Ascending by Bela skala, the marked path brings us into the real Valley of Triglav Lakes. Soon after crossing the first hills we see the famous scene: Dvojno jezero (Double Lake), surrounded by larches, the hut by it, on the right the vertical west face of Tičarica and in the distance the high ridge of Veliko Špičje. I can't imagine that someone would proceed there without taking a short rest to enjoy.
After Dvojno jezero the valley becomes more open. Now on the right all the time vertical walls and long screes below them accompany us. Mala (Small) and Velika (Big) Tičarica, Kopica, Mala and Velika Zelnarica. On the other side there's a broad plateau of Zgornja (Upper) Komna and far behind the ridge of Plaski Vogel and Veliko Špičje. On the altitude of 1830 m the biggest of Triglav lakes lies, called Ledvička (Kidney). The trail passes it by its east shore. We leave the last larches and the valley becomes grassy with karst rock formations among grass. The both mountain chains are coming closer, the trail ascends over a few steps and reach the upper basins of the valley, where the highest of Triglav lakes are lying. Zeleno jezero (Green Lake), Rjava Mlaka (Brown Pond), Mlaka v Laštah (Pond in Ledges) and Jezero pod Vršacem (the lake under Vršac) are the permanent ones. After heavy rains or early in spring, one can find a pond or two more. Here the valley ends on the altitude a bit over 2000 m.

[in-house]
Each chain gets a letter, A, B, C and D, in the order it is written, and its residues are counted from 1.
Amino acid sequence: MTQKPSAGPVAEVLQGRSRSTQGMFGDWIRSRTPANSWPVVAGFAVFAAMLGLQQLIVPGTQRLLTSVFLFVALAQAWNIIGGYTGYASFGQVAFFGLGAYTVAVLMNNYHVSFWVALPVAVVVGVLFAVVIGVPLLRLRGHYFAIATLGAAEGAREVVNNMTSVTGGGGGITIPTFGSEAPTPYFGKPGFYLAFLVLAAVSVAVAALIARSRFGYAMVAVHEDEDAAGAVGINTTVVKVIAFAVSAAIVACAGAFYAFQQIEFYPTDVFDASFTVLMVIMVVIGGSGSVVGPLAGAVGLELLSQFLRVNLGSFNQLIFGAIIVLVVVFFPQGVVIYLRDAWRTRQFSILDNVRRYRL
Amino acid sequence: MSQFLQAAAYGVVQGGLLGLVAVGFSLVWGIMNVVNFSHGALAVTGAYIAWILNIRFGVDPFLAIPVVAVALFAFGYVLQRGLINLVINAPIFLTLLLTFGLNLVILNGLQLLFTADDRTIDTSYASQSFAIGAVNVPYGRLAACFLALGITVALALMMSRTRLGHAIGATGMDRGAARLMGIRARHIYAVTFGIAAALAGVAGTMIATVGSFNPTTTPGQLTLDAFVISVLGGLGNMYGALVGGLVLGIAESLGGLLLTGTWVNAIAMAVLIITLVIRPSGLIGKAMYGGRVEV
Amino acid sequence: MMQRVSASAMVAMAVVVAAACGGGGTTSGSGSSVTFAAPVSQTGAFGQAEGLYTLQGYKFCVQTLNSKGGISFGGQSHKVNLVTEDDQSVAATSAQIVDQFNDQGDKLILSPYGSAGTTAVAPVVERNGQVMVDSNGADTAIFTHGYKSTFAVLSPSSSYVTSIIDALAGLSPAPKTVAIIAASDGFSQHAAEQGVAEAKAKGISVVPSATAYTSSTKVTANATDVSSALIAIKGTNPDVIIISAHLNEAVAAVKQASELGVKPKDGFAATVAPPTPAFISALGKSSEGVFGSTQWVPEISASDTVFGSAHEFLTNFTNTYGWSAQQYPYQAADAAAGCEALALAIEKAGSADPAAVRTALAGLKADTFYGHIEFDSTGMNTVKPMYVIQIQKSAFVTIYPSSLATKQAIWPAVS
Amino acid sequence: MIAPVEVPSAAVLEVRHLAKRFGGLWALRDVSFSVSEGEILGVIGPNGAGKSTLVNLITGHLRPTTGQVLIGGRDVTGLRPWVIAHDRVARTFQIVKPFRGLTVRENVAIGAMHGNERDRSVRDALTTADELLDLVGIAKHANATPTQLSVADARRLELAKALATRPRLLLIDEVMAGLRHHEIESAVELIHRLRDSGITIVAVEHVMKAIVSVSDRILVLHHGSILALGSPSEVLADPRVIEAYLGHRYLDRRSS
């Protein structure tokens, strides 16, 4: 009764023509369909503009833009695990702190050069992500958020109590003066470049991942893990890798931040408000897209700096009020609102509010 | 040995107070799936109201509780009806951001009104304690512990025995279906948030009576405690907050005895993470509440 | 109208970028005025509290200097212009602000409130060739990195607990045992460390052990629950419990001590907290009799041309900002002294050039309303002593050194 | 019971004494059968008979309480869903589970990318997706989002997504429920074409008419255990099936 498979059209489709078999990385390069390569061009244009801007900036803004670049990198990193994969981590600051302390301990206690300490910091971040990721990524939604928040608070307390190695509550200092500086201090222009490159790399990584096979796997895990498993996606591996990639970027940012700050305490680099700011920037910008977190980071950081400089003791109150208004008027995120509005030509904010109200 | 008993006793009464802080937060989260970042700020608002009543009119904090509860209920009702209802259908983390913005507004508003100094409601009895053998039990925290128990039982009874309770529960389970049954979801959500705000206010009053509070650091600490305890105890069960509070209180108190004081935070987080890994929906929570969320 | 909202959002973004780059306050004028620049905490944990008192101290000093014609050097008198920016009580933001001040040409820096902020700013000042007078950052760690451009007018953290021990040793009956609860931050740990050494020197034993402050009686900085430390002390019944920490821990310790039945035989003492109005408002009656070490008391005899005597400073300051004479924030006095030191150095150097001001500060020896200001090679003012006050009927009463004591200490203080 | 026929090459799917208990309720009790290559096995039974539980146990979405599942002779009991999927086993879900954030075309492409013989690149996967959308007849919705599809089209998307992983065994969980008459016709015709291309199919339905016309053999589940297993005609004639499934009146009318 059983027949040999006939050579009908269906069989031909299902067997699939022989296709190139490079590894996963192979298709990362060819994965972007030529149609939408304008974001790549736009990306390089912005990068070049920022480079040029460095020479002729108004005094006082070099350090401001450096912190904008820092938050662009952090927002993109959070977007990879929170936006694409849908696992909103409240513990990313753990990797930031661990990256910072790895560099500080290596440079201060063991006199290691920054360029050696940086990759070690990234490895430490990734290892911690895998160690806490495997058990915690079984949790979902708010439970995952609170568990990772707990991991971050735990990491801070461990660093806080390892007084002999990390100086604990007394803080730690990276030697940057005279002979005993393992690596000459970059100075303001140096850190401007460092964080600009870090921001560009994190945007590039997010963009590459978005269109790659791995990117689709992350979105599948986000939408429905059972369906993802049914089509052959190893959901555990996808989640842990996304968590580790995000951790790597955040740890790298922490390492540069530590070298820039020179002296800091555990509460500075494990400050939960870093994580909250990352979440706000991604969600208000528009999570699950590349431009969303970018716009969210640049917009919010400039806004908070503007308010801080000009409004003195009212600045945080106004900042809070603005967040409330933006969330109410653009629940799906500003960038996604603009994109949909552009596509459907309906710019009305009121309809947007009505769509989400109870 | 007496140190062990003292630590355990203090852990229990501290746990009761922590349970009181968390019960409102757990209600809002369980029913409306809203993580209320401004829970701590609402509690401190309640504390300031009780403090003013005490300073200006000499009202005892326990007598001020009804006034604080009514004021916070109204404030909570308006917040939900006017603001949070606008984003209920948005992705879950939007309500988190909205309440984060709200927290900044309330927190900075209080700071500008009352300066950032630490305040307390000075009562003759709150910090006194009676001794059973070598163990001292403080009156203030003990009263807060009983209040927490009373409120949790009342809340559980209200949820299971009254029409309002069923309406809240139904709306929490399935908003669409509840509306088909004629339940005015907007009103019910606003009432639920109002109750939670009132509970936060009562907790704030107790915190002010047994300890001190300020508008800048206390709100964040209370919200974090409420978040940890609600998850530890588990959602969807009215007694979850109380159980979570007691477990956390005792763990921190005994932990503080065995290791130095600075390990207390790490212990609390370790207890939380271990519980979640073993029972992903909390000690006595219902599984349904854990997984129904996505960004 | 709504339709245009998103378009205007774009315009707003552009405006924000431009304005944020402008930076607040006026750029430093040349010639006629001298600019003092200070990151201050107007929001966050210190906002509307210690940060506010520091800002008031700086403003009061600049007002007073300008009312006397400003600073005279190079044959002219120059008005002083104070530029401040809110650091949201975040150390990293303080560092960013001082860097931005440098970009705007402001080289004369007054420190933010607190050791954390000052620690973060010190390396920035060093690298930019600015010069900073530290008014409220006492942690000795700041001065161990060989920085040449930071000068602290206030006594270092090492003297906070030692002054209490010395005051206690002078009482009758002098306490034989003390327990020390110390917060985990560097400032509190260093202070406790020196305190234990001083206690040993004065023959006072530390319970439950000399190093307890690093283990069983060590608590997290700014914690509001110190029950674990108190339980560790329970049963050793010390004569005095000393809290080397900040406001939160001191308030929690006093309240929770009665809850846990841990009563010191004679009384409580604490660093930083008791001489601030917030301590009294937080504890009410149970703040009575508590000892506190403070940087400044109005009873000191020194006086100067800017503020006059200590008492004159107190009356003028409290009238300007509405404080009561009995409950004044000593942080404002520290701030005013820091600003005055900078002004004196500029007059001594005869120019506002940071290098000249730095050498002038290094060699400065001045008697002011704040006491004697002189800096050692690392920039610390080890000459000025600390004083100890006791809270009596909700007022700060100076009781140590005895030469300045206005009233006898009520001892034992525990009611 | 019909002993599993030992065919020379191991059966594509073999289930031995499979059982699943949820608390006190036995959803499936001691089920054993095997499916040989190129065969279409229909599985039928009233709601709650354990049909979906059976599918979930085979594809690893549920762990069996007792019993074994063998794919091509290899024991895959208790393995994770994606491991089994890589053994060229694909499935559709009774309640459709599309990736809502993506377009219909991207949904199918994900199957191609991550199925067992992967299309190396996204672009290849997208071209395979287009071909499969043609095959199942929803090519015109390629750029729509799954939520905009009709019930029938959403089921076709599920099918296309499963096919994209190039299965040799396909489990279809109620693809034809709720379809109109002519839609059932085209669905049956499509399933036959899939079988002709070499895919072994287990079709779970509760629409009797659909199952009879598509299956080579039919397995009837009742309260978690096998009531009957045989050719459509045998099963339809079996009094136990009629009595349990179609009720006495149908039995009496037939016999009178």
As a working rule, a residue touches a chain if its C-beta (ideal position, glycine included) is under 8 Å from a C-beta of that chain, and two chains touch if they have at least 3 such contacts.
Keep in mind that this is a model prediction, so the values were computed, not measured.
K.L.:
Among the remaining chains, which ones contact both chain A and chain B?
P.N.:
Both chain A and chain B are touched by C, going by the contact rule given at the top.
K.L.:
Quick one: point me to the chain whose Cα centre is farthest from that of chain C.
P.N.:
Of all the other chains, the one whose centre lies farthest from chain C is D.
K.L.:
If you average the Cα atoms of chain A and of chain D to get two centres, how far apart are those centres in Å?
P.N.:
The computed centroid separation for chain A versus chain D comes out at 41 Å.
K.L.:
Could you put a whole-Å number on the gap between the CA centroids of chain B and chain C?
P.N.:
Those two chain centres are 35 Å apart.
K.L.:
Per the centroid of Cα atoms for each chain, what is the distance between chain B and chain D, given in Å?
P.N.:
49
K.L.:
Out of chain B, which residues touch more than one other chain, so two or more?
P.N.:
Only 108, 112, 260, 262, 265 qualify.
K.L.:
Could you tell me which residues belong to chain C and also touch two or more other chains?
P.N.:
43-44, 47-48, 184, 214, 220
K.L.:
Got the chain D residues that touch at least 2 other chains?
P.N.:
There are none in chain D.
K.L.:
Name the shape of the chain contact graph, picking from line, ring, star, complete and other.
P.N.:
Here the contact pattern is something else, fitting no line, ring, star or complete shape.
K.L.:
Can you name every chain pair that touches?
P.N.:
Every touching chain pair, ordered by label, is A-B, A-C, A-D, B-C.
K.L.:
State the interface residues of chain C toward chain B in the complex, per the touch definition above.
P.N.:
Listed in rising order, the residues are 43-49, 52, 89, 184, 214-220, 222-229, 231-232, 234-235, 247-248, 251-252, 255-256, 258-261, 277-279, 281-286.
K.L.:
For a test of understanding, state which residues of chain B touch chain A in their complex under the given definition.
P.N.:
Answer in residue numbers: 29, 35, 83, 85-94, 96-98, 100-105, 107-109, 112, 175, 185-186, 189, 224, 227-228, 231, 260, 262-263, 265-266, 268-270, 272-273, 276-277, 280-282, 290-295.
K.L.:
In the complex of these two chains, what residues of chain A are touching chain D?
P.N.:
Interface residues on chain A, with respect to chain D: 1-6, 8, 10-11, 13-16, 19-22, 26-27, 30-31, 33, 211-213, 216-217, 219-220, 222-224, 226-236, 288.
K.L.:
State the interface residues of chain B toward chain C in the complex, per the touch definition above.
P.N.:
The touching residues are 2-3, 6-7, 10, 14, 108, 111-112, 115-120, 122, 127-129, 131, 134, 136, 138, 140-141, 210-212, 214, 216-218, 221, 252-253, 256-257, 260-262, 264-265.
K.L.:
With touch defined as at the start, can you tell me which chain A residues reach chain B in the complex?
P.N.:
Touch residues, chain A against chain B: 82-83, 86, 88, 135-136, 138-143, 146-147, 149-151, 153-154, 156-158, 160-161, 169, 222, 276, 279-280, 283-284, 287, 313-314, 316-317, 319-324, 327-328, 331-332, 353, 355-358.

From Komna. This is the longer, detour option, when the wall of Komarča is too dangerous. Also in summer some people prefer to descend there. If that's the decision, it is very nice to descend down to Črno jezero and from there cross towards the SW to Dom na Komni. This path goes quite close to the edge above Bohinj, offering very nice views down and across the big lake. The other path is over Lopučnica meadow. It is more suitable for coming into the Valley of Triglav Lakes, especially on skis. From Komna hut it is only 100 meters of elevation gain, but quite some ups and downs (not big ones). Nature is very nice, but the path itself can be a bit boring.
From Planina za Skalo. This is the west entry into the valley - quite a long and lonesome one. From Trenta we enter Vrsnik valley (still by car), but from there only the path goes up on Planina za Skalo, 1500 m, and then over Velika vrata pass, 1924 m, down to Lopučnica and over the last 100 m high ridge into the upper Valley of Triglav Lakes. The route only makes sense on a longer trek, or in combination with some summits in the neighbourhood.